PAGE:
HYPGEOMDIST function
Returns the hypergeometric distribution. HYPGEOMDIST returns the probability of a given number of sample successes, given the sample size, population successes, and population size. Use HYPGEOMDIST for problems with a finite population, where each observation is either a success or a failure, and where each subset of a given size is chosen with equal likelihood.
Important This function has been replaced with one or more new functions that may provide improved accuracy and whose names better reflect their usage. This function is still available for compatibility with earlier versions of Excel. However, if backward compatibility is not required, you should consider using the new functions from now on, because they more accurately describe their functionality.
For more information about the new function, see HYPGEOM.DIST function.
Syntax
HYPGEOMDIST(sample_s,number_sample,population_s,number_pop)
The HYPGEOMDIST function syntax has the following arguments:

Sample_s Required. The number of successes in the sample.

Number_sample Required. The size of the sample.

Population_s Required. The number of successes in the population.

Number_pop Required. The population size.
Remarks

All arguments are truncated to integers.

If any argument is nonnumeric, HYPGEOMDIST returns the #VALUE! error value.

If sample_s < 0 or sample_s is greater than the lesser of number_sample or population_s, HYPGEOMDIST returns the #NUM! error value.

If sample_s is less than the larger of 0 or (number_sample  number_population + population_s), HYPGEOMDIST returns the #NUM! error value.

If number_sample ≤ 0 or number_sample > number_population, HYPGEOMDIST returns the #NUM! error value.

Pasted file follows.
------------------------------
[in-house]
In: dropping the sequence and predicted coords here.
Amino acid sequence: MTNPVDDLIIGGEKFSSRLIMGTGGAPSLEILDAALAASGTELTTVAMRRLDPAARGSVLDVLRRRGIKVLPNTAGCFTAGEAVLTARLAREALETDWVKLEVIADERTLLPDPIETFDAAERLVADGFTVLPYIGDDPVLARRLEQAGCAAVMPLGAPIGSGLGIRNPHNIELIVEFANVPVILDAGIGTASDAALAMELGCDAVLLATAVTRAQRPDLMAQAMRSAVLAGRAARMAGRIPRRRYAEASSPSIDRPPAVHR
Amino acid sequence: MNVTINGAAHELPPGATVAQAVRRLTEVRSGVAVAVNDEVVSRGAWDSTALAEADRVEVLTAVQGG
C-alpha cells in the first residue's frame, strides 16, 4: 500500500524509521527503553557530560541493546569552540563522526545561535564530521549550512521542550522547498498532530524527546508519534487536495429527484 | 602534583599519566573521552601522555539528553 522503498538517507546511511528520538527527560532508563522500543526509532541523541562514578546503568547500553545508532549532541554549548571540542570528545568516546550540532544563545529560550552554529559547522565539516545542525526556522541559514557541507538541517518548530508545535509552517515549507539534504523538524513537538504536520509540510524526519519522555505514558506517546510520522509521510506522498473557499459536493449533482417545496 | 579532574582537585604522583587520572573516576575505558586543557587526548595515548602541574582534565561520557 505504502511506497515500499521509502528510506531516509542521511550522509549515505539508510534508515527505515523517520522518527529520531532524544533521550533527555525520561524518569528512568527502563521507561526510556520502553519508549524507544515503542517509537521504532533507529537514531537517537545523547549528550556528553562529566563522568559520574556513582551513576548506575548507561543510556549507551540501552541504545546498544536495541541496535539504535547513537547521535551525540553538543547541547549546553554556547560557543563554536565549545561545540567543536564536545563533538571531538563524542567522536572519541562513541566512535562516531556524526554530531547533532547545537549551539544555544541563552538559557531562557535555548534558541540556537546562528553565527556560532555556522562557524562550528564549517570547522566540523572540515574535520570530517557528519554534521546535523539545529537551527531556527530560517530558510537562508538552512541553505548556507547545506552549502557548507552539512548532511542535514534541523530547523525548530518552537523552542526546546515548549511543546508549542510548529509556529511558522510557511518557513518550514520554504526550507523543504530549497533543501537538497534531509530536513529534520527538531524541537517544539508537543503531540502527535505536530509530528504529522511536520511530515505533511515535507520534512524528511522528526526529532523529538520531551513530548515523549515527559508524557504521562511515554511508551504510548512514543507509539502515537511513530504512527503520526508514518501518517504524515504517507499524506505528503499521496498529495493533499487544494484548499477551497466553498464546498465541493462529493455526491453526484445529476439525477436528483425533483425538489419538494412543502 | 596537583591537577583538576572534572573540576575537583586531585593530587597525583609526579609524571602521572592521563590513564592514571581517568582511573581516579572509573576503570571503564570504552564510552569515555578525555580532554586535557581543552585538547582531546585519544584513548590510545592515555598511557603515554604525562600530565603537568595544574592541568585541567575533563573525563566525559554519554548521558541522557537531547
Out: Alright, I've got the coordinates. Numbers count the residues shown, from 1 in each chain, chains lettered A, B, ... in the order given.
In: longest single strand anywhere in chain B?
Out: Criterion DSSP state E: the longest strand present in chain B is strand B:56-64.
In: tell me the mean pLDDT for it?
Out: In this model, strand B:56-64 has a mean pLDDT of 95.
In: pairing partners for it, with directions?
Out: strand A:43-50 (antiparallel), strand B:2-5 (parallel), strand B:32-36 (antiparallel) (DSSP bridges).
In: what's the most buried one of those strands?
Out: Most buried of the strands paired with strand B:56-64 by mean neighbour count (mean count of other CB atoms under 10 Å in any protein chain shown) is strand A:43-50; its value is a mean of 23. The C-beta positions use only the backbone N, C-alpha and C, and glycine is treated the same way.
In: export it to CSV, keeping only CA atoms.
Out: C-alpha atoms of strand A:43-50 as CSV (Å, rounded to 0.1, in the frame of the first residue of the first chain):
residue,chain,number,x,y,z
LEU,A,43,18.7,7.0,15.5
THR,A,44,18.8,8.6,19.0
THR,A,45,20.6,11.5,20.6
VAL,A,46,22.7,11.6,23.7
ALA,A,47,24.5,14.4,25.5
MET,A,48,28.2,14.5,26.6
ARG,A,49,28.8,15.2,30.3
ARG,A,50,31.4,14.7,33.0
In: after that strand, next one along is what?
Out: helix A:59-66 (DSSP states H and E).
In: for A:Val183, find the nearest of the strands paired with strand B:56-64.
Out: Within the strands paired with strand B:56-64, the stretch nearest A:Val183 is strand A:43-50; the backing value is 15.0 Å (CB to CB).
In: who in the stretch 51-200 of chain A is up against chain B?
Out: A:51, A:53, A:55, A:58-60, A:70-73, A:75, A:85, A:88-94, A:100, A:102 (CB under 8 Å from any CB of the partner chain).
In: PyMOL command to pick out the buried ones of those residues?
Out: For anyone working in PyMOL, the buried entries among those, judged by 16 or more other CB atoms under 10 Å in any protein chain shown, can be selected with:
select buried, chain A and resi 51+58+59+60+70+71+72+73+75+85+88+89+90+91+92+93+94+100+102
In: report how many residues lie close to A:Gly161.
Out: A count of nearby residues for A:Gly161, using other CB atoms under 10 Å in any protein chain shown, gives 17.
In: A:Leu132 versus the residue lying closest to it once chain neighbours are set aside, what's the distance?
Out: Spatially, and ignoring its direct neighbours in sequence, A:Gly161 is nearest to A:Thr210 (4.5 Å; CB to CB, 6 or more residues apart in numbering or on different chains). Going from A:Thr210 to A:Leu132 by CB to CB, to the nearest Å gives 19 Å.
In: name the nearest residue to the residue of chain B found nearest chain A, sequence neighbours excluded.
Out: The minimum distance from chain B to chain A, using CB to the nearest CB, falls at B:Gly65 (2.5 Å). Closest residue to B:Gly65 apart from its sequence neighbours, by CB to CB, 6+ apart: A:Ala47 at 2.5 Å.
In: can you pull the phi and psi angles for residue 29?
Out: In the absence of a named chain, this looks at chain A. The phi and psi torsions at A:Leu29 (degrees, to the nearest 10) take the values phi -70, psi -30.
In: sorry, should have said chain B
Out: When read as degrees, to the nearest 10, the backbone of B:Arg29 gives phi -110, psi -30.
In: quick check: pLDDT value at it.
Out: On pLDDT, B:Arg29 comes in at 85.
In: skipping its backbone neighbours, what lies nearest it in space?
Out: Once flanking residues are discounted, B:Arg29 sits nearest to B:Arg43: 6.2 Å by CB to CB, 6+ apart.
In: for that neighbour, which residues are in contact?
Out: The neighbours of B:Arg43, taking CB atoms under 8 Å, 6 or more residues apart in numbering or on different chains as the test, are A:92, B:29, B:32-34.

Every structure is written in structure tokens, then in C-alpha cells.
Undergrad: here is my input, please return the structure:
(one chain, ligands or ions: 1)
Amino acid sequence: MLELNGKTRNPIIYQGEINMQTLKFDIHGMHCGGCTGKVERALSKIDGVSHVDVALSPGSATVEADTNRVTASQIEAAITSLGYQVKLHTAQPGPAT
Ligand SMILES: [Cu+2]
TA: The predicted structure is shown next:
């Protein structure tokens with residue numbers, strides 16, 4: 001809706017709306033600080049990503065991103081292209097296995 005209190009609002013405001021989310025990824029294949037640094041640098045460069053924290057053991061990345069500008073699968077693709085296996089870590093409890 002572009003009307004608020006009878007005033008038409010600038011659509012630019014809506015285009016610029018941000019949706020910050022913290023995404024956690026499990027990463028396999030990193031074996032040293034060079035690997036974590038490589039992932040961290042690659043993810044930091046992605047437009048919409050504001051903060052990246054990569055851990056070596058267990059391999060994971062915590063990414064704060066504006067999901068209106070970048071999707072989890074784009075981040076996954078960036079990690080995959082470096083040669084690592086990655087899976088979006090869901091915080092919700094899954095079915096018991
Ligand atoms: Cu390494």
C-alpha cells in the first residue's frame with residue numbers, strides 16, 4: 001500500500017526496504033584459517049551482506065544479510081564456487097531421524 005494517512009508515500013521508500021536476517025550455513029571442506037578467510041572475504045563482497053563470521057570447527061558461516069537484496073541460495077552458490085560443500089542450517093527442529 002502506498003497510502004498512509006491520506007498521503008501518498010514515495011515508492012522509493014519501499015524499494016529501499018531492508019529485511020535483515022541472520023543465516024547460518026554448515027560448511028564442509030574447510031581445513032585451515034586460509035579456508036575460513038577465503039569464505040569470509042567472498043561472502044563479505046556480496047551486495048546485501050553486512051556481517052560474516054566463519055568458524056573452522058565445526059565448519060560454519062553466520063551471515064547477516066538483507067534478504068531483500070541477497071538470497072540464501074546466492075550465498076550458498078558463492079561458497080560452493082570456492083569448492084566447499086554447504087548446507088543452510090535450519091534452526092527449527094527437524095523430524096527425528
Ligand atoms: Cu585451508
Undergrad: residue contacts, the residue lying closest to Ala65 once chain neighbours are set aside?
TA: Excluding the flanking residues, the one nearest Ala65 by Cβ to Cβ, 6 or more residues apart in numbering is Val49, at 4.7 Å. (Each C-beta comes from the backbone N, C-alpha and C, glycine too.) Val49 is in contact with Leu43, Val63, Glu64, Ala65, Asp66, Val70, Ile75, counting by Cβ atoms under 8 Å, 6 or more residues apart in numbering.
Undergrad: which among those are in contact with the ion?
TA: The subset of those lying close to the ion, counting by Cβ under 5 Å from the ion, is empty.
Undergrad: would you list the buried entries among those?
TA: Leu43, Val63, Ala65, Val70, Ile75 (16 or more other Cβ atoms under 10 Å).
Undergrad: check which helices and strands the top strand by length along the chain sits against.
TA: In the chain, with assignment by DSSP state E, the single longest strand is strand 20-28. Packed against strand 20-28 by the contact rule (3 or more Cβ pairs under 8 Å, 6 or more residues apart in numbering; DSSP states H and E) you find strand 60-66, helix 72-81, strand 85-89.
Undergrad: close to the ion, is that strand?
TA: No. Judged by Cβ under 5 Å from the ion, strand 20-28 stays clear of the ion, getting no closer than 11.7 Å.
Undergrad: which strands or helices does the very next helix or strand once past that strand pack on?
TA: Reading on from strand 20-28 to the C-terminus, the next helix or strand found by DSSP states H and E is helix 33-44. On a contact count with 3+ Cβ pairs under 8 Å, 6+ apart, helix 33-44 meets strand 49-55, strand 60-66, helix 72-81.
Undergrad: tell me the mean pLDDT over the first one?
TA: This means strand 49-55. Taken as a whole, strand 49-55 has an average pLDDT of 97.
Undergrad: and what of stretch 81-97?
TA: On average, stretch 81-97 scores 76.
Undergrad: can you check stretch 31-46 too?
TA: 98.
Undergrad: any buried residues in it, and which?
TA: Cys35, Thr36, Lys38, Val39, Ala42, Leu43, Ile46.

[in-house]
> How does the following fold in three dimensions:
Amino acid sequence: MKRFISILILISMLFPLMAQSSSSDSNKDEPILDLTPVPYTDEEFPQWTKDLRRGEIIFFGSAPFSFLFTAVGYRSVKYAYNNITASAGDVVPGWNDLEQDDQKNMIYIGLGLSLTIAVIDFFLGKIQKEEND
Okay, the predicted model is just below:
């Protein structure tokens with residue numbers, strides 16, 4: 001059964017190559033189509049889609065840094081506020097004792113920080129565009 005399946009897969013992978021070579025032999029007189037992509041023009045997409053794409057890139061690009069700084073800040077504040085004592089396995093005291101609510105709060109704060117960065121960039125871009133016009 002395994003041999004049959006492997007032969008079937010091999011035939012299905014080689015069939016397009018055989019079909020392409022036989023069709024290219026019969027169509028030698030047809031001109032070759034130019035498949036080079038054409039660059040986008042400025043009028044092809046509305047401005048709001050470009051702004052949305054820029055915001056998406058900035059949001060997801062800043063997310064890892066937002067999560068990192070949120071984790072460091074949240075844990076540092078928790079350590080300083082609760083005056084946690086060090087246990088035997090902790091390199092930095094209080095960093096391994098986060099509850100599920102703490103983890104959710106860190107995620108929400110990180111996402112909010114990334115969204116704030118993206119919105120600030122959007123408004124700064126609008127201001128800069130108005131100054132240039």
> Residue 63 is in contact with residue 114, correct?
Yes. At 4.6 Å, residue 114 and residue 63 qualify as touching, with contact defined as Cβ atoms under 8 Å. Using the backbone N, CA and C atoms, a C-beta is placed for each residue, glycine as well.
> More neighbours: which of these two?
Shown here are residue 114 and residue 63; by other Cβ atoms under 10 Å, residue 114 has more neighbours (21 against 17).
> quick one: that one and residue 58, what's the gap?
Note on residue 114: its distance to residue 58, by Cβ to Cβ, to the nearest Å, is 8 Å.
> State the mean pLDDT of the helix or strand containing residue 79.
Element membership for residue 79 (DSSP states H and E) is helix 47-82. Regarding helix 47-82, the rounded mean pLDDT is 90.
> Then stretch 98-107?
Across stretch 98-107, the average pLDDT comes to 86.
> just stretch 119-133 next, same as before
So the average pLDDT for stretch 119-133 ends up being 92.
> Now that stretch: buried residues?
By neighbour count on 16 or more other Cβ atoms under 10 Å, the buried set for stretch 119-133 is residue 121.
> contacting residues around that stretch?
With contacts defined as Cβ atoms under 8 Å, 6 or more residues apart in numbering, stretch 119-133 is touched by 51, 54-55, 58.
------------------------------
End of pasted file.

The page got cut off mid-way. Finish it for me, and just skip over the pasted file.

If population_s ≤ 0 or population_s > number_population, HYPGEOMDIST returns the #NUM! error value.

If number_population ≤ 0, HYPGEOMDIST returns the #NUM! error value.

The equation for the hypergeometric distribution is:
where:
x = sample_s
n = number_sample
M = population_s
N = number_population
HYPGEOMDIST is used in sampling without replacement from a finite population.
Example
A sampler of chocolates contains 20 pieces. Eight pieces are caramels, and the remaining 12 are nuts. If a person selects 4 pieces at random, the following function returns the probability that exactly 1 piece is a caramel.
The example may be easier to understand if you copy it to a blank worksheet.
How do I copy an example?

Select the example in this article.
Important Do not select the row or column headers.
Selecting an example from Help

Press CTRL+C.

In Excel, create a blank workbook or worksheet.

In the worksheet, select cell A1, and press CTRL+V.
Important For the example to work properly, you must paste it into cell A1 of the worksheet.

To switch between viewing the results and viewing the formulas that return the results, press CTRL+` (grave accent), or on the Formulas tab, in the Formula Auditing group, click the Show Formulas button.
After you copy the example to a blank worksheet, you can adapt it to suit your needs.